No matter how nice you are to your cabinets, floors and furniture there is going to come a time when you cause some damage that needs to be repaired.
The first thing you need to keep in mind when repairing damage is… no matter how well you do the job your in-laws will walk into your home and directly to the repaired object and stair at it throughout their visit.
Another consideration is whether the repair would turn out better if you replaced the item. If you are working on some kitchen cabinets and seriously damage the face of a door then you may do better getting a new one at your supply house.
Filling small scratches or gouges
If the damage is relatively light and on an area with low traffic or use you can get away with using a stain matched crayon type product. These colored sticks work into the scratch and can be matched to the color of the item you are repairing.
The smaller the repair the better the result.
If you need to match a color many stick fillers can be blended together.
If you need to apply a finish over top of the filler stick make sure that it is stain ready and not a wax material that will repel finishes.
If you need to fill a hole or level out a dent then you can use a filler paste.
Filler paste should not be used to fill holes deeper then 1/4 inch or wider then about a half inch read the directions on the container.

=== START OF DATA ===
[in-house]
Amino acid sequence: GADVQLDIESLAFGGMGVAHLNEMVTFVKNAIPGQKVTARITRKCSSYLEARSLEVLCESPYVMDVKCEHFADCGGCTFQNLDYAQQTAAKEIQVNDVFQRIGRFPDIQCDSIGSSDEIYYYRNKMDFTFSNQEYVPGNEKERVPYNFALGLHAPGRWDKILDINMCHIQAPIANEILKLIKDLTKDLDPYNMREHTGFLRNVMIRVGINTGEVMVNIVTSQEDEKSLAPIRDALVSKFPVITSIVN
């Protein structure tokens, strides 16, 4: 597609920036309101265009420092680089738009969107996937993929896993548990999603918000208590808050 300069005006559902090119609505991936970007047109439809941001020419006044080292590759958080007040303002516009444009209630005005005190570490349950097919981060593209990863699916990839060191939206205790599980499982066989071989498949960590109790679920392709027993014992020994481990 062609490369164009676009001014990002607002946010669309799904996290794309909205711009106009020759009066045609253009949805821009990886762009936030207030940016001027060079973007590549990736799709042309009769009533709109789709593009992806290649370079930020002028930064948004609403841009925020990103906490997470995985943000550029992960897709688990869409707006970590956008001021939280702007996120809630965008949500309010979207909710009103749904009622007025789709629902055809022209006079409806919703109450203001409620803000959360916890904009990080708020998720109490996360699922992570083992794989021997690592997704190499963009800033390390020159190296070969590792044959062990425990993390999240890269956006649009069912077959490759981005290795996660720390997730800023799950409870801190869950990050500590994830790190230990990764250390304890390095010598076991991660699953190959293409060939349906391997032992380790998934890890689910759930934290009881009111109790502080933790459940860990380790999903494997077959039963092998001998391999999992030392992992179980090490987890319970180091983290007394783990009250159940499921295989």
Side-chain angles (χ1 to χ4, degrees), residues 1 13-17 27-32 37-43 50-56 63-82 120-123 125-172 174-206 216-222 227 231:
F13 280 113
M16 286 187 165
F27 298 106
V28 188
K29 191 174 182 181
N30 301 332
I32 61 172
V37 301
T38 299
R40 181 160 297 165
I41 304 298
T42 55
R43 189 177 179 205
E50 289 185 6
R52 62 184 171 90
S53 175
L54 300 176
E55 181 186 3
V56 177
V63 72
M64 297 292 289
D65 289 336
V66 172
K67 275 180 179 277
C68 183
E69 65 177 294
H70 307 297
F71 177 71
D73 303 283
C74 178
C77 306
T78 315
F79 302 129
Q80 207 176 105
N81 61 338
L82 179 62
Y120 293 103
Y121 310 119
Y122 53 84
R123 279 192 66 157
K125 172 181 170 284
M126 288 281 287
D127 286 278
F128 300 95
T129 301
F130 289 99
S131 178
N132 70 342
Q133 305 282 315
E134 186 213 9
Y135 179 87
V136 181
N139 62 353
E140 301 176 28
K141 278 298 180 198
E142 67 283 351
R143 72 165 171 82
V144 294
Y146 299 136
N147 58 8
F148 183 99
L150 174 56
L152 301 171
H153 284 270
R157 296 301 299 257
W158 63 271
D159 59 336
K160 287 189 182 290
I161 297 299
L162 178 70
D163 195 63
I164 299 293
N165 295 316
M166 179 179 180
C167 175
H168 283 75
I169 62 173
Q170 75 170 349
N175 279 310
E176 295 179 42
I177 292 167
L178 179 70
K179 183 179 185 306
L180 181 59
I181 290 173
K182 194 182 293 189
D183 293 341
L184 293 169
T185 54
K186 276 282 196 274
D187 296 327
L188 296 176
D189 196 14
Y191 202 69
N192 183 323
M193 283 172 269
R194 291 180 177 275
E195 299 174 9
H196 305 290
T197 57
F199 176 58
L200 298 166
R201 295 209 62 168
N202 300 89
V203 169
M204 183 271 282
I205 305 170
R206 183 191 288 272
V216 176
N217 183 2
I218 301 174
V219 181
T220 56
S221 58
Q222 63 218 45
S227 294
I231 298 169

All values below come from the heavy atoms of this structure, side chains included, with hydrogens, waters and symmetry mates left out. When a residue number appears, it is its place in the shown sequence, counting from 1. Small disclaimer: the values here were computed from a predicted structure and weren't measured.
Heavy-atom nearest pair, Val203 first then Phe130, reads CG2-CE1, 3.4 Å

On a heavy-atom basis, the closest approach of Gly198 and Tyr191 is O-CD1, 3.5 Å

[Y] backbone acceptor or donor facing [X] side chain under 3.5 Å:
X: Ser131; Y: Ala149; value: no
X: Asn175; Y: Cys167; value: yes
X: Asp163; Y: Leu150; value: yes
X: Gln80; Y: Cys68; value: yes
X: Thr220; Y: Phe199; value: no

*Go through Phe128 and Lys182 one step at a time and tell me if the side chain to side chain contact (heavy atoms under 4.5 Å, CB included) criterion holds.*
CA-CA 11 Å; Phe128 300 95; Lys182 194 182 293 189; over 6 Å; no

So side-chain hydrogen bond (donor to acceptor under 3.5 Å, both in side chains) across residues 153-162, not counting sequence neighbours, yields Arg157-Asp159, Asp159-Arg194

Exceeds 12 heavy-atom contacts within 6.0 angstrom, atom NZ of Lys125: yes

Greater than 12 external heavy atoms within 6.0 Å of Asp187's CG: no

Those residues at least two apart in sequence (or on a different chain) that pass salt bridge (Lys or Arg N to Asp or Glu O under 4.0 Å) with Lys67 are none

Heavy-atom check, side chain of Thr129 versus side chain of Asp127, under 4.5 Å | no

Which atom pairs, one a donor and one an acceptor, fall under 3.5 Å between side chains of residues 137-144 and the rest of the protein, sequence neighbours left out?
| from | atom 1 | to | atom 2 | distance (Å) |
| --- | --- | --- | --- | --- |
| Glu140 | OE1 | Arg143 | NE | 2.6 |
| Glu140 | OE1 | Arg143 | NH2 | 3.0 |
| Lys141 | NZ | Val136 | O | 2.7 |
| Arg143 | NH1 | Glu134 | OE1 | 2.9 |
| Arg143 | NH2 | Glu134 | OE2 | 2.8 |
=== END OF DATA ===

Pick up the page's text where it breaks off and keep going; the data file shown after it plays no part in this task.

There are many different tinted fillers on the market now that can be mixed together to get an exact match in color.
If you are repairing an expensive item or filling in nail set holes on a large piece you should make sure that the stain you use over the filler will match the color of the finished stained piece.
This means you may want to use a darker or lighter filler depending on how the filler will absorb the stain and not match the filler to the original unfinished color of the natural wood.
You can purchase wood filler in small 4 ounce cans or as large as a gallon for big jobs.
Never return dry or unused filler to the container.
Always keep the container sealed even when working with it. Simply get enough to do your work and place it on a plastic pallet and reseal the can so the chemicals will not evaporate.
Water based fillers
Some manufacturers are beginning to introduce water based fillers. They are mainly used in floor restoration or larger repairs where the product is troweled on, allowed to dry and then sanded off.